In July of 2009, Joe Biden, then the vice president of the United States, came to Wattsburg, Pa. to discuss the federal stimulus monies that would be used here and in other rural regions to expand broadband access to the internet.
Biden was there as part of a full-court press to ease the public’s concerns over the then-unprecedented $787 billion stimulus package that President Barack Obama had signed just weeks after taking office. I had covered his visit at Seneca High School, just outside of Erie, when he praised the promise of a $4 billion package of grants and loans available that he said would once and for all extend broadband internet access to rural and other underserved areas of the country.
Biden peppered the 100 or so attendees with anecdotal stories, calling farmers “the smartest people I know” while discussing the ability for places like Seneca High School to apply for grants.
“The bottom line is, you can’t function, a nation can’t compete in the 21st century without an immediate, high-quality access for everything from streaming video to information over line,” Biden said.
“Getting broadband to every American is a priority for this administration,” Biden concluded.
Biden had been instrumental in getting the 2009 recovery act through Congress, and once it was passed, he was then in charge of supervising the stimulus for the Obama administration.
However, the then-largest fiscal stimulus in history became politically toxic almost immediately. Opposition to it by Republicans, culturally conservative Democrats and independent voters brought about the birth of the Tea Party movement, and within just over a year from his visit, the Democrats lost a whopping 63 seats in the Obama-Biden administration’s first midterm elections.
A study from the Pew Research Center showed in 2014 that a plurality of people still adamantly believed the stimulus was a bad idea. Why? First, because voters believed too much money was spent, and second because voters believed there was little to show for it.
Those voters weren’t wrong. The General Services Administration, an independent agency of the U.S. government, concluded in 2012 that stimulus money allocated for broadband never lived up to the promises Biden had made that day.
The GSA report said it found the projects that were allotted money for broadband access in rural America were “difficult to measure” because the Rural Utilities Service, part of the Department of Agriculture, did not establish performance metrics for measuring the progress in deploying infrastructure.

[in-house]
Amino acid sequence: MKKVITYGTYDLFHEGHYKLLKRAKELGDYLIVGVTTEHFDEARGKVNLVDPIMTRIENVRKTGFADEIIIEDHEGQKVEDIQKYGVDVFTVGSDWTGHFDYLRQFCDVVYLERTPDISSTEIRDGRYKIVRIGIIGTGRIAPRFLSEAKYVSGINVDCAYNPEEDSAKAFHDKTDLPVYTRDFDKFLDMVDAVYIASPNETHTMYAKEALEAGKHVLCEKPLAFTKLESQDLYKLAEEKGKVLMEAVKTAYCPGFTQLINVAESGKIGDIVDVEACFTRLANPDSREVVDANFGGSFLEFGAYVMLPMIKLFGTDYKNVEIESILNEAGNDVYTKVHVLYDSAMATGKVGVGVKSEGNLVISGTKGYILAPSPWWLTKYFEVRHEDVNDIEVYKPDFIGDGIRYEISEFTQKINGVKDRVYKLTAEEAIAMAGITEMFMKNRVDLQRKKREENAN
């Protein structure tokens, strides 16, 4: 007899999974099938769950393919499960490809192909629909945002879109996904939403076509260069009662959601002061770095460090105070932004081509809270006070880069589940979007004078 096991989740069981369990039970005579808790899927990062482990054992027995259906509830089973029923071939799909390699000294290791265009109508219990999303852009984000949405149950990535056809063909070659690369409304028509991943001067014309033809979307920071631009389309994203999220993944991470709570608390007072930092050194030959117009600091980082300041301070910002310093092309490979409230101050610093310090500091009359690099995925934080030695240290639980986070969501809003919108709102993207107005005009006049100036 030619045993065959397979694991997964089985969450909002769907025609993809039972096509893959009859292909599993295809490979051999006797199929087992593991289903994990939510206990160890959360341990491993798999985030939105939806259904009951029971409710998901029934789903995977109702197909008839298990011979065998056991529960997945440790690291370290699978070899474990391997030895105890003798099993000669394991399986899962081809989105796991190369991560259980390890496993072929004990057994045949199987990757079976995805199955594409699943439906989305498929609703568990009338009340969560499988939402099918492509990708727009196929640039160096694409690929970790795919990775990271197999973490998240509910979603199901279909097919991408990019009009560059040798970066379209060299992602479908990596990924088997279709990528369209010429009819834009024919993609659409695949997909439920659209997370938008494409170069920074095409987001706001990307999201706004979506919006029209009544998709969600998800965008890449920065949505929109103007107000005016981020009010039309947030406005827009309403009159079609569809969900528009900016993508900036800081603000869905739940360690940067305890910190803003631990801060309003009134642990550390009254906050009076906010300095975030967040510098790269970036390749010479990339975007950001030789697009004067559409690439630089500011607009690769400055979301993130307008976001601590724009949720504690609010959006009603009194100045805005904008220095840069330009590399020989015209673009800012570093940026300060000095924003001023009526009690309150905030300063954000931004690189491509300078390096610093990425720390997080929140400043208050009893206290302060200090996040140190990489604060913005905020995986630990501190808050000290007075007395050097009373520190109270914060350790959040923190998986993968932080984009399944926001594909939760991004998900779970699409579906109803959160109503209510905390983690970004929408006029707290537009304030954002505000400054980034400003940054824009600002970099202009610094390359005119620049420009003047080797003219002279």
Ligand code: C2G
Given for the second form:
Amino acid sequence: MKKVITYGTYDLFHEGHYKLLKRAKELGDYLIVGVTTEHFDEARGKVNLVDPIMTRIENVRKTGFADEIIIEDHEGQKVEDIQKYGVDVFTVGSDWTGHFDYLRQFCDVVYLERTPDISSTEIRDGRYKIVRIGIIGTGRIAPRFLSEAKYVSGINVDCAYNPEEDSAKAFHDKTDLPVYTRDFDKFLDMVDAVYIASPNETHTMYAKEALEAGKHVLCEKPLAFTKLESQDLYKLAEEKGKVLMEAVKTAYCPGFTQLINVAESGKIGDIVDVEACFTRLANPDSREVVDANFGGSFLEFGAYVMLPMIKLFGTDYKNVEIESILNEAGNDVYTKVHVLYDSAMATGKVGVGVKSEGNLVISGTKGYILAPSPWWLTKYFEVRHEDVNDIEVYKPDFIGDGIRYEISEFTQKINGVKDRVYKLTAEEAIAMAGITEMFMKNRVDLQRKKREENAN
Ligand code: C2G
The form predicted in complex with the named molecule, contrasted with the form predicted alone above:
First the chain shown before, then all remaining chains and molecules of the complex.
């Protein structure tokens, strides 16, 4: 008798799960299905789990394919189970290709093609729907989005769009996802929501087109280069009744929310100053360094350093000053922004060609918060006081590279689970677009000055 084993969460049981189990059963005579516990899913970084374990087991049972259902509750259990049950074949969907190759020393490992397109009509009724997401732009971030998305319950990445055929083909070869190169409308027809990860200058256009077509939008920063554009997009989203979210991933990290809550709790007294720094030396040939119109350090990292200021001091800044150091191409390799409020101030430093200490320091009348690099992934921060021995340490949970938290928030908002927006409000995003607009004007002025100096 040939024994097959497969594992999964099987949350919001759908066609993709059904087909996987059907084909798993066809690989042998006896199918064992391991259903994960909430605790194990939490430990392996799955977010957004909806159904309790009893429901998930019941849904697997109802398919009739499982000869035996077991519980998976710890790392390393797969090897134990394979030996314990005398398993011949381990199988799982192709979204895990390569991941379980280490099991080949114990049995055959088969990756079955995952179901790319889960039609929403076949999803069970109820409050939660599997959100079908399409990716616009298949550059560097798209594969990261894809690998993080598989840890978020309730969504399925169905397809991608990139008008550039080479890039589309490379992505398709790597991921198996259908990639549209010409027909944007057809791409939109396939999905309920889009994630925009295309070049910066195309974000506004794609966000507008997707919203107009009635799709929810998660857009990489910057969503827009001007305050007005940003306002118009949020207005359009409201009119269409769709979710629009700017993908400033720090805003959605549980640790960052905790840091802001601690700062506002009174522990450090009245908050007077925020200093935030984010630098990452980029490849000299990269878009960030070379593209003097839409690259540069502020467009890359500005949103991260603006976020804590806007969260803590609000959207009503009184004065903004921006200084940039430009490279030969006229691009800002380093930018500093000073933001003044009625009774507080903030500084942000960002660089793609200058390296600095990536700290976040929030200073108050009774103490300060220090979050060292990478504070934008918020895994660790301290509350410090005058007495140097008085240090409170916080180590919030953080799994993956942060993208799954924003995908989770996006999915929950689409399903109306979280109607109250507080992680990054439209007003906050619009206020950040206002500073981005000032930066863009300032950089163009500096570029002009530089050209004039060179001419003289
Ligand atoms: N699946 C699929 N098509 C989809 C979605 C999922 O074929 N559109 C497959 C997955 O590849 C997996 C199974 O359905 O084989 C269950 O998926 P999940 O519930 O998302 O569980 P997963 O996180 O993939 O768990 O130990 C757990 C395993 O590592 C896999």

In short, the government candidly admitted it was unable to track the awardees’ progress in completing construction Biden promised would give broadband access to rural America.
A decade later, progress hasn’t been impressive. As of today, more than 42 million people in our country have no access to broadband, according to BroadbandNow, a data technology company.
So, what happened to that promise of broadband for everyone in 2009 — a selling point for Biden to get the stimulus package passed that he was integral in doing? Based on the government’s own records, the man put in charge of making sure all of those promises were met did not do his job well.
The interesting thing is not only was Biden never held accountable for the failure, but he has come up with a new taxpayer-funded infrastructure initiative called the Broadband Equity, Access, and Deployment Program. (It always is interesting how often this administration can place “equity” or “climate” in a program.) The BEAD Program was allotted a whopping $42.45 billion grant program that was created in Biden’s 2022 version of his stimulus program.
How has no one asked this administration what happened to the other billions that he promised would give rural Americans broadband 14 years ago? Or how they plan on fixing the mistakes they made back then? Instead, Biden just rolls out $42 billion and boasts he will make access to high-speed broadband universal by 2030.
When Sen. Tommy Tuberville, R-Ala., tweeted that broadband was a vital success for the rural communities of his home state of Alabama last week, the press focused on Biden mocking him in a retweet that quipped, “See you at the groundbreaking.”
What the press should have spent time on was why there wasn’t broadband already in Alabama’s rural communities as pledged by Biden as vice president in 2009. Why wasn’t there an accounting of where that money went to outside of a buried government report?
When Biden rolled out his broadband equity program two weeks ago, he boasted that he had received letters and emails from across the country from people who were thrilled that after so many years of waiting, they were finally going to get high-speed internet.
He cited one message from a woman in Iowa describing the development as “the best thing that’s happened in rural America since the Rural Electrification Act,” referring to the push under President Franklin Delano Roosevelt to bring electricity to farms and ranches nationwide.
It was the same reference both he and Obama used repeatedly in 2009, and you have to wonder: Who will remember to hold this administration accountable in 2030? Certainly no one has remembered to do that this year.
Salena Zito is a CNN political analyst, and a staff reporter and columnist for the Washington Examiner. She reaches the Everyman and Everywoman through shoe-leather journalism, traveling from Main Street to the beltway and all places in between. To find out more about Salena and read her past columns, please visit the Creators Syndicate webpage at www.creators.com. COPYRIGHT 2023 CREATORS.COM